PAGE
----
I did not play organized football beyond the fourth grade, and like a lot fans, I compensate for my limited experiences in sports with an almost childlike obsession as a spectator. I did play a sport in high school during my freshman year, and I was pretty good at it. I was a varsity letter cross-country runner. It did not pull the honeys.
The point of mentioning this, though, is that while trudging back from yet another five-mile practice run with the team, I would spy the high school football squad going through the motions. Their football coach was a towering, lugubrious looking figure with a cold, sneering, cruel face, yet with an accent just short of sounding like one of the Three Stooges. To add to it, he had a fu manchu mustache more appropriate to Ming the Merciless than Joseph William Namath. His team did not like him.
Let them hate; so long as they fear. This is the essence of Machiavelli's rule of leadership, I suppose. We have not evolved far enough as a species to really produce leaders of a pure moral essence, so Jean-Luc Picard wasn't exactly my high school's football coach. Neither was he particularly self-conscious. I find that tyrants are often not. A very talented player on his team went to the trouble of producing a very good likeness of the coach dressed as Darth Vader, wielding a light saber, and hung it outside his office. When I asked the coach - callow kid of 14 that I was - why he didn't take the picture down, he replied, "Because I want the bastard who did this to feel ashamed of himself for what he did." Somehow, even so young, I knew that coach's plan wasn't going to work. Displaying his work under any pretext will only embolden your average artist, and so I had my first real taste of dramatic irony.
The real point of mentioning this, though, was that (as I began earlier before Truth broke in with all her matter-of-fact) as I fumbled back into the locker room at high school, I passed by football practice one day and saw the coach blistering three players on the sidelines for sitting on their helmets. "I told you idiots once, I told you a million times I don't want to see that."
But why? If it was OK for John Riggins, then why not for the chubby boys of my high school? Did they seriously weigh that much? Was the coach worried about replacing equipment that would go cracked under a lineman's buttocks? Could he actually have been worried for their brains' fragile cages? Was this just a peeve? A peeve, probably. One that #40 James Hasty evidently would have had no problem deflecting. Hasty and Russell Carter are two secondary players I was sorely unhappy to the Jets let go.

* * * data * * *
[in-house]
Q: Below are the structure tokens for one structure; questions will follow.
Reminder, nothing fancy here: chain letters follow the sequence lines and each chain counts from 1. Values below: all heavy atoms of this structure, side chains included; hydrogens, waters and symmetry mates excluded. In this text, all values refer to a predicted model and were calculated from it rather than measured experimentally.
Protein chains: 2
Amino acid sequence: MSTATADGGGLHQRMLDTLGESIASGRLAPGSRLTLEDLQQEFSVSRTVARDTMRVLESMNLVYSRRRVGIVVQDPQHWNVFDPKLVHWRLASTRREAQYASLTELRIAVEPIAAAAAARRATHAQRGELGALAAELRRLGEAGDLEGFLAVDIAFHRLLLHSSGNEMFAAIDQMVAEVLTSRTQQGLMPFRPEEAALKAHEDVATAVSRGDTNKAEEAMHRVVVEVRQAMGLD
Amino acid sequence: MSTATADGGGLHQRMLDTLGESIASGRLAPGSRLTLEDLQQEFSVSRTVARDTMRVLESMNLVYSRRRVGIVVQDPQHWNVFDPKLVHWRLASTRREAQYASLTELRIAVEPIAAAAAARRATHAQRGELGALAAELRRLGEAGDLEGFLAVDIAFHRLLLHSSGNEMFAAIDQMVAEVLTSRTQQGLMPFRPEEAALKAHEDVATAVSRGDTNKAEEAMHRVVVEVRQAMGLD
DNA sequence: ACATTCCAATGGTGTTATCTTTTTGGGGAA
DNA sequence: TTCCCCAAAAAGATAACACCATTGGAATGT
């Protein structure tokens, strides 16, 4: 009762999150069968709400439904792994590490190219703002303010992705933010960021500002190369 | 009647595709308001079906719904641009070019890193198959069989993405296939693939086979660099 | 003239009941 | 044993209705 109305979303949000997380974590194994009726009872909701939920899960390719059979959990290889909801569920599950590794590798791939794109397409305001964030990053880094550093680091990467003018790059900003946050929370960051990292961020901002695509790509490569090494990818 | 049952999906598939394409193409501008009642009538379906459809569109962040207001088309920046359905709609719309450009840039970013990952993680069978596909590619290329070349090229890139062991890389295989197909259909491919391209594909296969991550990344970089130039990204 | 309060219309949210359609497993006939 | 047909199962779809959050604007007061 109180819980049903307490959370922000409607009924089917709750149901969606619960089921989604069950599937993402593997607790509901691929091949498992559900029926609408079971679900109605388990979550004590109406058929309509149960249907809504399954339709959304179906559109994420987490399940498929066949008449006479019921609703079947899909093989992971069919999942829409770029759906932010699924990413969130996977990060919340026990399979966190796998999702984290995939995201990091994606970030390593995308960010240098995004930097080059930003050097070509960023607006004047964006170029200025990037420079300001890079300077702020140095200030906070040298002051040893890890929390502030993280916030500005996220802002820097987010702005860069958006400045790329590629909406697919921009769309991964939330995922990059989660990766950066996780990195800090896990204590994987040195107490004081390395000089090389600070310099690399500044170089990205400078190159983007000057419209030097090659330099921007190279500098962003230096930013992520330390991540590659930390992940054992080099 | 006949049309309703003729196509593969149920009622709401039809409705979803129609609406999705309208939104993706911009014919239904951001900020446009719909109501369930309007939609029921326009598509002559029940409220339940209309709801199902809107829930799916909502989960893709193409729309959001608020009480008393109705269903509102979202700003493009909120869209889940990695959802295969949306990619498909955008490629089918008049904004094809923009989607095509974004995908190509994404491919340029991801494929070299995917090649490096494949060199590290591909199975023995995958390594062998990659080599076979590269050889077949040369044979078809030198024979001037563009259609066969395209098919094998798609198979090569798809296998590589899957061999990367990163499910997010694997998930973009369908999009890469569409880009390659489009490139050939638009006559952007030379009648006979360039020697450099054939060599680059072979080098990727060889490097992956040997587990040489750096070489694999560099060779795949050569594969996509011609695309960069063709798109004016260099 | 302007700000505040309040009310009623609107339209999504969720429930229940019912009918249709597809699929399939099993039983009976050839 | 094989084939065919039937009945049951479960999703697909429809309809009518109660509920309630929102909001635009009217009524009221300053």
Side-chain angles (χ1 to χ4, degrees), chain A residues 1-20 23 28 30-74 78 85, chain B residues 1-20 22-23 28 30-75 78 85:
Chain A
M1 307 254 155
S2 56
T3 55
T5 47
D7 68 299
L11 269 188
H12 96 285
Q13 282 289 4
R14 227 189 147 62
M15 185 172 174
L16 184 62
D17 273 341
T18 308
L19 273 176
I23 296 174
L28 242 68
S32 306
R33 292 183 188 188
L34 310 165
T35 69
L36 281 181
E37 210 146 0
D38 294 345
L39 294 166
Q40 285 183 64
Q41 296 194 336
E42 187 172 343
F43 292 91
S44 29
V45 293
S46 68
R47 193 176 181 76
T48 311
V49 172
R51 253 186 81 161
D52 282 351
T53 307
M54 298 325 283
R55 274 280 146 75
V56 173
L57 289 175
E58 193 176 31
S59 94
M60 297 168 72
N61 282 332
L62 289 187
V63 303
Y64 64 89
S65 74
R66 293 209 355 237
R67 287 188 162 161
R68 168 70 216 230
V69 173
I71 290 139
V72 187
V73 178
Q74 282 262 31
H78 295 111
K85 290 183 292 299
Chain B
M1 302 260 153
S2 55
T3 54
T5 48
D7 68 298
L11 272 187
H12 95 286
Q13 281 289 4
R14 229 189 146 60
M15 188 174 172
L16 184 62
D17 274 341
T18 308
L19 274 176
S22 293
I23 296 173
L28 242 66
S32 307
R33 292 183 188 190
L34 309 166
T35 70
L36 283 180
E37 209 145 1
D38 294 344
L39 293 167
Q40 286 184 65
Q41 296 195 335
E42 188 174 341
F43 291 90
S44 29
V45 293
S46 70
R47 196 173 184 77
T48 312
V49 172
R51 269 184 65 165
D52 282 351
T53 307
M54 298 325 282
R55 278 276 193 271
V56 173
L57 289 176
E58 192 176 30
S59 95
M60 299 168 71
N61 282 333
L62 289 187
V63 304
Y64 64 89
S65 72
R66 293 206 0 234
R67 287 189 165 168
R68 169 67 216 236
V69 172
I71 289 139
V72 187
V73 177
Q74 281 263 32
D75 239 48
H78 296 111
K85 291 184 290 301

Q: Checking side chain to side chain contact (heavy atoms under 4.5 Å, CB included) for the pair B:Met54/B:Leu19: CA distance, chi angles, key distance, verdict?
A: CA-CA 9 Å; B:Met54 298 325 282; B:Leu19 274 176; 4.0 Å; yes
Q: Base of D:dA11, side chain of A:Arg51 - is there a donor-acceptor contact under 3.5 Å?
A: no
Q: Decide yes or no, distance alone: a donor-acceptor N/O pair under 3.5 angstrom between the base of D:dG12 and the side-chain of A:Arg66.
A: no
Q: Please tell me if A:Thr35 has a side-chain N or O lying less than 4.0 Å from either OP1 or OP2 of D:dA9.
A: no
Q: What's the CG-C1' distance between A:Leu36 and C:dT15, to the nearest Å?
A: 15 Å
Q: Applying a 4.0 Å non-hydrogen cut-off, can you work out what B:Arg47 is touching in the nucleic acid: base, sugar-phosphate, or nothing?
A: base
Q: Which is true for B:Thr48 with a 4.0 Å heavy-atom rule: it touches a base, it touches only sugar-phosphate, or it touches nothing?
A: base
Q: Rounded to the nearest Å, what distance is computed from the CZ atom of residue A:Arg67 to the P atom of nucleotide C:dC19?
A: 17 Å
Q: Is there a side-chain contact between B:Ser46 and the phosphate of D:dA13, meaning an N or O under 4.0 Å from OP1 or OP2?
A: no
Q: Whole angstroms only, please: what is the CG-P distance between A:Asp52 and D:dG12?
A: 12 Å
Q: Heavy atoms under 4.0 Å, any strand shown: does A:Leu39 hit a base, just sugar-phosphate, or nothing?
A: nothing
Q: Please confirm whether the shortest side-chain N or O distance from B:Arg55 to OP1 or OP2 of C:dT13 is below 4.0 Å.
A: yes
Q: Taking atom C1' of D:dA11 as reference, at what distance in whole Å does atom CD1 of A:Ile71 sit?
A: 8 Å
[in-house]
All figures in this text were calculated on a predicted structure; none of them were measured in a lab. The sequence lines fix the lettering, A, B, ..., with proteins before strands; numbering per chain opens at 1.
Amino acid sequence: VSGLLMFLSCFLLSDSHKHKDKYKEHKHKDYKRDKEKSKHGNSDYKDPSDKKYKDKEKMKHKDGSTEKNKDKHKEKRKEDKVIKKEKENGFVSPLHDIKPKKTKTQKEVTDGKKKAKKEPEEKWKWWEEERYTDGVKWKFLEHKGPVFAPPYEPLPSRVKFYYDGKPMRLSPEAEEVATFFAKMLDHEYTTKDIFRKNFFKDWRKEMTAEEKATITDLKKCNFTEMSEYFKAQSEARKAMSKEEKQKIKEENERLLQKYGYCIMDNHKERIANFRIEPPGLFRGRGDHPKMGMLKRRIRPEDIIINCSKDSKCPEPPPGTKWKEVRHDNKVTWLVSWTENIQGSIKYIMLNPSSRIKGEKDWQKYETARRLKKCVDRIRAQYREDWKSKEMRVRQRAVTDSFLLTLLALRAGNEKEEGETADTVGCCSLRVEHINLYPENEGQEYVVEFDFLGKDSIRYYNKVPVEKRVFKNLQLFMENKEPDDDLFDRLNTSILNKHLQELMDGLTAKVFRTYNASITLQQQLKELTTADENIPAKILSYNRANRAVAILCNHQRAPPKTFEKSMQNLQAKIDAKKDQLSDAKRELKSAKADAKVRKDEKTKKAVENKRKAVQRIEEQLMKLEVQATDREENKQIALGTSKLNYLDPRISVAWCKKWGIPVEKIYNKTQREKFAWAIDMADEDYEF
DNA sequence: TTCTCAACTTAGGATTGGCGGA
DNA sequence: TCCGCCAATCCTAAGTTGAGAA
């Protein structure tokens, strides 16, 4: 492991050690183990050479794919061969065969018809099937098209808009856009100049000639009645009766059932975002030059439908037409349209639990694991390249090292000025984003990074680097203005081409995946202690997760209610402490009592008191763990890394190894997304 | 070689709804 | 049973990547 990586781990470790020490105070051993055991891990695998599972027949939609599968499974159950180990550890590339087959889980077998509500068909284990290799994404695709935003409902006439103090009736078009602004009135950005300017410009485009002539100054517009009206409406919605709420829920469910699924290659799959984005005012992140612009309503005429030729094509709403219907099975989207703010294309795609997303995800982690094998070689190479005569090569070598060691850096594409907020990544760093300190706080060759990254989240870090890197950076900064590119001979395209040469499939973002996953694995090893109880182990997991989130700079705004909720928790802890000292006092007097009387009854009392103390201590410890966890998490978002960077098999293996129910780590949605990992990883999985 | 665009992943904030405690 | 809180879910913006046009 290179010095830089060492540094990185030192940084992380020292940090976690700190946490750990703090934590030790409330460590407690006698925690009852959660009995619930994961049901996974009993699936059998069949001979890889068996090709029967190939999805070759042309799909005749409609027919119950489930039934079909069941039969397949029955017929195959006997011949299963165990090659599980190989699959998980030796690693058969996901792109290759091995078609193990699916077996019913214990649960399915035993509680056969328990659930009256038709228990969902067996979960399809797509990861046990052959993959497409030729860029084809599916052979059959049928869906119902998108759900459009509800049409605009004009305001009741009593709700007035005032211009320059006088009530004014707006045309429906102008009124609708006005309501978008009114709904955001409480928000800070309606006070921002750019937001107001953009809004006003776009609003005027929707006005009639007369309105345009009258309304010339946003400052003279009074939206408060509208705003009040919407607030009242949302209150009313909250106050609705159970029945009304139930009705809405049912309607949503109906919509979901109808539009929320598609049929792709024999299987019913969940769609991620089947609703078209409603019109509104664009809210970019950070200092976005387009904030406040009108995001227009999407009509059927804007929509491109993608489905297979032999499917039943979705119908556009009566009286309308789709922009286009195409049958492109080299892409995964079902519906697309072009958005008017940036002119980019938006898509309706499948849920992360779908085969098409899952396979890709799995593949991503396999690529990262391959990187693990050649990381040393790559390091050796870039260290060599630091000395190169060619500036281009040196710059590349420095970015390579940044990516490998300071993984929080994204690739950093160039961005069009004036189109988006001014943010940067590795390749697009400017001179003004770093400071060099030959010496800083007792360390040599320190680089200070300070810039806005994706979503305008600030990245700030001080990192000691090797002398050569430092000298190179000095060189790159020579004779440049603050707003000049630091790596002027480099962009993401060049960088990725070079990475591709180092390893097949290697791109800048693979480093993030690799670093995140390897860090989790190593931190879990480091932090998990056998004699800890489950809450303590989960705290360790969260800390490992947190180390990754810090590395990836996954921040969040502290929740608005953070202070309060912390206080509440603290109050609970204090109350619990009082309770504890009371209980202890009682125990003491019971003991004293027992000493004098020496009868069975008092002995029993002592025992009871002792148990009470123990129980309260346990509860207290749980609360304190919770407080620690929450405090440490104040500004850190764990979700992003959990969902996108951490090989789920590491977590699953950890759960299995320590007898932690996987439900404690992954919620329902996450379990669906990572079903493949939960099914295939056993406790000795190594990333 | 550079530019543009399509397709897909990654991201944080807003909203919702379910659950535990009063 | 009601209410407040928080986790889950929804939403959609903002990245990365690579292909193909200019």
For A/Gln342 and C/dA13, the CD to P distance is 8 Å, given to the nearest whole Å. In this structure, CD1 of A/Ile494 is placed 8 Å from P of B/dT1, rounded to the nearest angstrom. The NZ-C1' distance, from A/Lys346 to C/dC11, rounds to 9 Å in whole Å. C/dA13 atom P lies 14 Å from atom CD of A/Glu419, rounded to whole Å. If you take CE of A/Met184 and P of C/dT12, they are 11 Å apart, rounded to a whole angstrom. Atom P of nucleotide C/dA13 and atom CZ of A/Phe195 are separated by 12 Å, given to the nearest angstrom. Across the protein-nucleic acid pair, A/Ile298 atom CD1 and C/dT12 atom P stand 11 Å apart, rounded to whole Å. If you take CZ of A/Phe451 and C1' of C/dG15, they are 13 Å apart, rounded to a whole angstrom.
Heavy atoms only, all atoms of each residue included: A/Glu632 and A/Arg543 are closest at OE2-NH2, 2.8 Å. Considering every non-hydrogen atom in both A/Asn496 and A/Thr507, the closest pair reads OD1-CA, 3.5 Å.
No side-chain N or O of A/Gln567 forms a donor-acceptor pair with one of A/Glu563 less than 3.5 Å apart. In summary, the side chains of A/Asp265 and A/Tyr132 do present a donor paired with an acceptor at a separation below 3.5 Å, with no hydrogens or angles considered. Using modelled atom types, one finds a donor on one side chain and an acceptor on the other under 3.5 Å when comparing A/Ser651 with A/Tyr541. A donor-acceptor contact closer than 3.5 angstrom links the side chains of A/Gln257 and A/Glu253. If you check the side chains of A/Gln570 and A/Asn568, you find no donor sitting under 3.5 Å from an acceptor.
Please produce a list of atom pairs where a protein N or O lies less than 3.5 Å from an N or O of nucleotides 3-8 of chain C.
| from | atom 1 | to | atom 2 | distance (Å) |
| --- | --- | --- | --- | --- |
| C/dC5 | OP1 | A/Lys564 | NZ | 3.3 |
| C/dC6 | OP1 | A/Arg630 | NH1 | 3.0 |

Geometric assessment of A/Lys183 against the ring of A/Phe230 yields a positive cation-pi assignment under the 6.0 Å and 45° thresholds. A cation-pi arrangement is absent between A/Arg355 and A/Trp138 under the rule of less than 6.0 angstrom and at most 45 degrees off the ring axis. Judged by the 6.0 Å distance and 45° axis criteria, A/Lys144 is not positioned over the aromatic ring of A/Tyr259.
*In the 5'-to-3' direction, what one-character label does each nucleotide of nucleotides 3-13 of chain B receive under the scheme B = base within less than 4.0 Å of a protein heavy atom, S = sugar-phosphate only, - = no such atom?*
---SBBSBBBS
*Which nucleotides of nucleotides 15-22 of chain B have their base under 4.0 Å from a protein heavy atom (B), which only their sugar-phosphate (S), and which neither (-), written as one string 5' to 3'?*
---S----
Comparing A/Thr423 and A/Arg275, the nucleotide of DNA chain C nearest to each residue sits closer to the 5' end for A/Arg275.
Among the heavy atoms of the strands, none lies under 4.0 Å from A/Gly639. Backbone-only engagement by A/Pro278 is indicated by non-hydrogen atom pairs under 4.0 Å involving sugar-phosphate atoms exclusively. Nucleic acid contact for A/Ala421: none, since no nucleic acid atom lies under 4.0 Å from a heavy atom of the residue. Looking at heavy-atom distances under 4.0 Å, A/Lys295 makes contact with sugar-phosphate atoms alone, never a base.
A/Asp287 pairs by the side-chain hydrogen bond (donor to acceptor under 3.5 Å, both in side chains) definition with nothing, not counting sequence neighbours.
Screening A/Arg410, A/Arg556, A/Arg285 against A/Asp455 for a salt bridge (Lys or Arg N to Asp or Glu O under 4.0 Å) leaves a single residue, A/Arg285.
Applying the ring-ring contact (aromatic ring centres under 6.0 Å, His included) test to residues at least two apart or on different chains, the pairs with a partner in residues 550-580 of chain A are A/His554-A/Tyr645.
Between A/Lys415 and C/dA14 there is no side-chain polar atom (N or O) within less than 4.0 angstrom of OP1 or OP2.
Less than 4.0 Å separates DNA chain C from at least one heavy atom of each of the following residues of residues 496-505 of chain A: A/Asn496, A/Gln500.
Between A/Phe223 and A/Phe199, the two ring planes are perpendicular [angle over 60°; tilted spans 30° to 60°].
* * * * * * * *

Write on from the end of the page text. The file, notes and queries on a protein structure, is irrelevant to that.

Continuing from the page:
Sometimes I play a little game with myself in which I imagine what if.... There's so much in Jets history from which to choose. There are too many examples. Suffice: what if James Hasty had not left the Jets secondary to join the Chiefs in 1994? If he had stayed a Jet, he would have endured Kotite and then Parcells' grinding mill. How would a high profile defensive player have been received by the Tuna Overlord? I mean, Otis Smith, Ray Mickens, and Aaron Glenn all played for the '96 squad and then for Parcells, so maybe Hasty would have been able to play for the Great Manipulator. He might not immediately have been painted as a prima donna. For the Chiefs, Hasty earned Pro Bowl seasons from 1997 to 1999. Had he been on the Jets during that time, would Parcells have told him to get up off his hemlet? I believe not, though it might still be a good idea for my old high school coach and Parcells to be in group therapy.
It certainly looks as though Dainard Paulson #40 wants us to say something about him, doesn't it? And why not. There's a little surprise here for some of you unfamiliar with the early history of your beloved club. King replaced Dainard Paulson in #40 in 1967. Originally a New York Titan, Paulson came out of Oregon State and eventually caught 12 interceptions in 1964 as a Jet, a statistic placing him not only in the AFL All-Star Game but in the all-time annals of the game itself - tied at #5 for all-time single season interception records. Paul Krause did the same in the NFL for the Redskins in '64. The only person afterwards to approach this single-season record was Lester Hayes in 1980 for the Oakland Raiders, but remember that Hayes did it in a 16-game season. Dainard Paulson was just two seasons away from having the same distinction as Bill Mathis, Larry Grantham, Curley Johnson and Don Maynard - as both Titans and Jets in Super Bowl III - but Paulson's career ends without statistical distinction at the end of 1966. The rest is silence.
If Dainard Paulson was that good - and he was - where did he go? To vanish irrevocably from the game must have been traumatic for him. Or was it, all the same, just a boy's game and not a man's endeavor to him? Maybe it was just time to return to his childhood home in California, to begin his life as a surfer, to discover bliss in the warm ocean and under God's sunshine. These are the mysteries that keep me awake at night.